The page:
The eccentric ballplayer who battled mental illness
When Jimmy Piersall made the leap to the big league with the Boston Red Sox in the early 1950s, the slick-fielding centerfielder seemed to have limitless potential. He was also wildly mercurial, throwing tantrums and battling umpires, opponents, and teammates alike. Many fans found the rookie entertaining, but his erratic behavior was the result of serious psychological distress. Piersall suffered from bipolar disorder, then known as manic depression. He recounted his struggles in the 1955 memoir Fear Strikes Out, made into an acclaimed 1957 film with Anthony Perkins, which offered a rare look at mental illness in the macho sports world. Medication helped Piersall cope with his disorder, but he maintained his zany reputation with goofy stunts, striding to the plate in a Beatles wig or running backward around the bases for his 100th career homer. “The best thing that ever happened to me was going nuts,” he said. “Nobody knew who I was until that happened.”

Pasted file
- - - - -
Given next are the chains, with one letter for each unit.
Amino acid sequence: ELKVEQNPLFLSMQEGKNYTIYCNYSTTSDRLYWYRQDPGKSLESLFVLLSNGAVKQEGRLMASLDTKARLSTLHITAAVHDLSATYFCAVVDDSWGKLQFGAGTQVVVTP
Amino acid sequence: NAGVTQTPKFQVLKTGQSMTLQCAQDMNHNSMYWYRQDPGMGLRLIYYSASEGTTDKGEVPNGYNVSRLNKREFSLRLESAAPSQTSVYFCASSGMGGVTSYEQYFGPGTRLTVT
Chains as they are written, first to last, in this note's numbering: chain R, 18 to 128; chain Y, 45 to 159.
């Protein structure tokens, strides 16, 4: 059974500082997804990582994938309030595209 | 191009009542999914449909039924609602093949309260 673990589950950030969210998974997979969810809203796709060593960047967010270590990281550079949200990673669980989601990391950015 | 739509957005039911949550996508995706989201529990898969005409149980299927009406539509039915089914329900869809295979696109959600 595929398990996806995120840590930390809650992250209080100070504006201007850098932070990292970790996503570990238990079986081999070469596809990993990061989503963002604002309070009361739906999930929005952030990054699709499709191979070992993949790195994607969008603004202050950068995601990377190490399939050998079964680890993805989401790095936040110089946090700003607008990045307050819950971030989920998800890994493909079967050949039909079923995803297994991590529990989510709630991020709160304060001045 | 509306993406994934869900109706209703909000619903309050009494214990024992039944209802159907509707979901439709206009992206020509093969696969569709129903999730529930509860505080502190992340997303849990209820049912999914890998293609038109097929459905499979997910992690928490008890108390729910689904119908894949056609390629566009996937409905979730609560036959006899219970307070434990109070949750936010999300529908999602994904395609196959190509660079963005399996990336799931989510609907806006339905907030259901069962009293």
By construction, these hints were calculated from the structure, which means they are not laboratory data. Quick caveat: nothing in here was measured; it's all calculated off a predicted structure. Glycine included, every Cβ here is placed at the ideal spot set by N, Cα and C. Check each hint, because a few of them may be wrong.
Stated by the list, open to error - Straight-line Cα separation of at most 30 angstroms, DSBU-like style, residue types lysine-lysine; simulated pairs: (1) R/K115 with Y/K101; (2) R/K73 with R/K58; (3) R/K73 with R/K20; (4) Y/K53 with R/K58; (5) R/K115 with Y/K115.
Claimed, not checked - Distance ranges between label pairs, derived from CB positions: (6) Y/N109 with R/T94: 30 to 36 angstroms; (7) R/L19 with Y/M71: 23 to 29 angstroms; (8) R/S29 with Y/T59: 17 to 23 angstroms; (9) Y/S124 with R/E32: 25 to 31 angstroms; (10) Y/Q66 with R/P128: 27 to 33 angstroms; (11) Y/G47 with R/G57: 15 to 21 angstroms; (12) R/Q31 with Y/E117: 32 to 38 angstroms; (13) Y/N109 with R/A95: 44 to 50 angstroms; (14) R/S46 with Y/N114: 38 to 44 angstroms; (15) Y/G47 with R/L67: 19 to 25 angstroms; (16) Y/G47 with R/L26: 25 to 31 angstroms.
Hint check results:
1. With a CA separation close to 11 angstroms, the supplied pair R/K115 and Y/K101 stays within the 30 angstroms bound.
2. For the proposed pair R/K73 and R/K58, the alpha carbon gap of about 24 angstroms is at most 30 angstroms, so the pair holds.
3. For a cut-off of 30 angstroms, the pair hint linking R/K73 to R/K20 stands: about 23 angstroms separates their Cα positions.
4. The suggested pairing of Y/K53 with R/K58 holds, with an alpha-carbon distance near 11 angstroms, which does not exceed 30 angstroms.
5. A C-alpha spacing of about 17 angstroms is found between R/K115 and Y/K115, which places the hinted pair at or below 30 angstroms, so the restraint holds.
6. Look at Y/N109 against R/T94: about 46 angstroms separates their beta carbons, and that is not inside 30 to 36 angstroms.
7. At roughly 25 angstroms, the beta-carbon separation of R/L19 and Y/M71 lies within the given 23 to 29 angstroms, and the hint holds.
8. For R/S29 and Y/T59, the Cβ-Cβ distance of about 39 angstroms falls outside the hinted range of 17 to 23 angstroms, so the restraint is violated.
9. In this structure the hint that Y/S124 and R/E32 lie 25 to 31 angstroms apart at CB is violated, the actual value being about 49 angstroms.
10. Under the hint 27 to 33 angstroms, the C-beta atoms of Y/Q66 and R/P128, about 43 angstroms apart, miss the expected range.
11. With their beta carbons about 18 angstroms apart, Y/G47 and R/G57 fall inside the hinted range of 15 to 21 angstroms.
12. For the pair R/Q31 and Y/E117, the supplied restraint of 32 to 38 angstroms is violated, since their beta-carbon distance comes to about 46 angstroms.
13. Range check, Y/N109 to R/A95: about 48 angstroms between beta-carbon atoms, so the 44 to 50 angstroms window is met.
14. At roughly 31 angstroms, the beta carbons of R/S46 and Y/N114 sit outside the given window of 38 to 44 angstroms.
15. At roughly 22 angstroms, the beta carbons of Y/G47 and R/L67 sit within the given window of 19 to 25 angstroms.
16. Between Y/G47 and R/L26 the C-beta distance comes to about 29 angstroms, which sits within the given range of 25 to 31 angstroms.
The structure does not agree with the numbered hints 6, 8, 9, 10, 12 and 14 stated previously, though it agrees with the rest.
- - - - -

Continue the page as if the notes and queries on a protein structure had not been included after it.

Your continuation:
Born in Waterbury, Conn., Piersall grew up “in a cold-water flat,” said The Boston Globe. His mother “was hospitalized numerous times” for mental health issues, while his housepainter father drove him mercilessly to excel at sports. Piersall was signed by the Red Sox organization in 1948, and during his three seasons in the minors, he “was often agitated, fearing he would fail,” said The New York Times. Called up to the majors in 1952, he “antagonized virtually all of his teammates with his antics,” especially when he mocked revered outfielder Dom DiMaggio “by imitating his distinctive stride.” Sent back to the minors, Piersall continued “his disruptive behavior,” until he finally agreed to receive psychiatric treatment following a 1952 breakdown. He was hospitalized for six weeks, undergoing shock treatment and counseling, and returned to the Red Sox in 1953.
A two-time All-Star, Piersall retired after 17 seasons and found new fame in the broadcast booth, teaming with Chicago White Sox announcer Harry Caray. Their act “was almost vaudevillian,” said the Chicago Tribune, and Caray would often ask his colleague, “Did you take your pills today?” But Piersall’s unfiltered style kept him in hot water. He offered up withering critiques of management, players, and even players’ wives, whom he called “horny broads.” Piersall never apologized for his impropriety. “I’m the gooney bird that walked to the bank,” he said. “I’m doing better than most of the guys who said I was crazy.”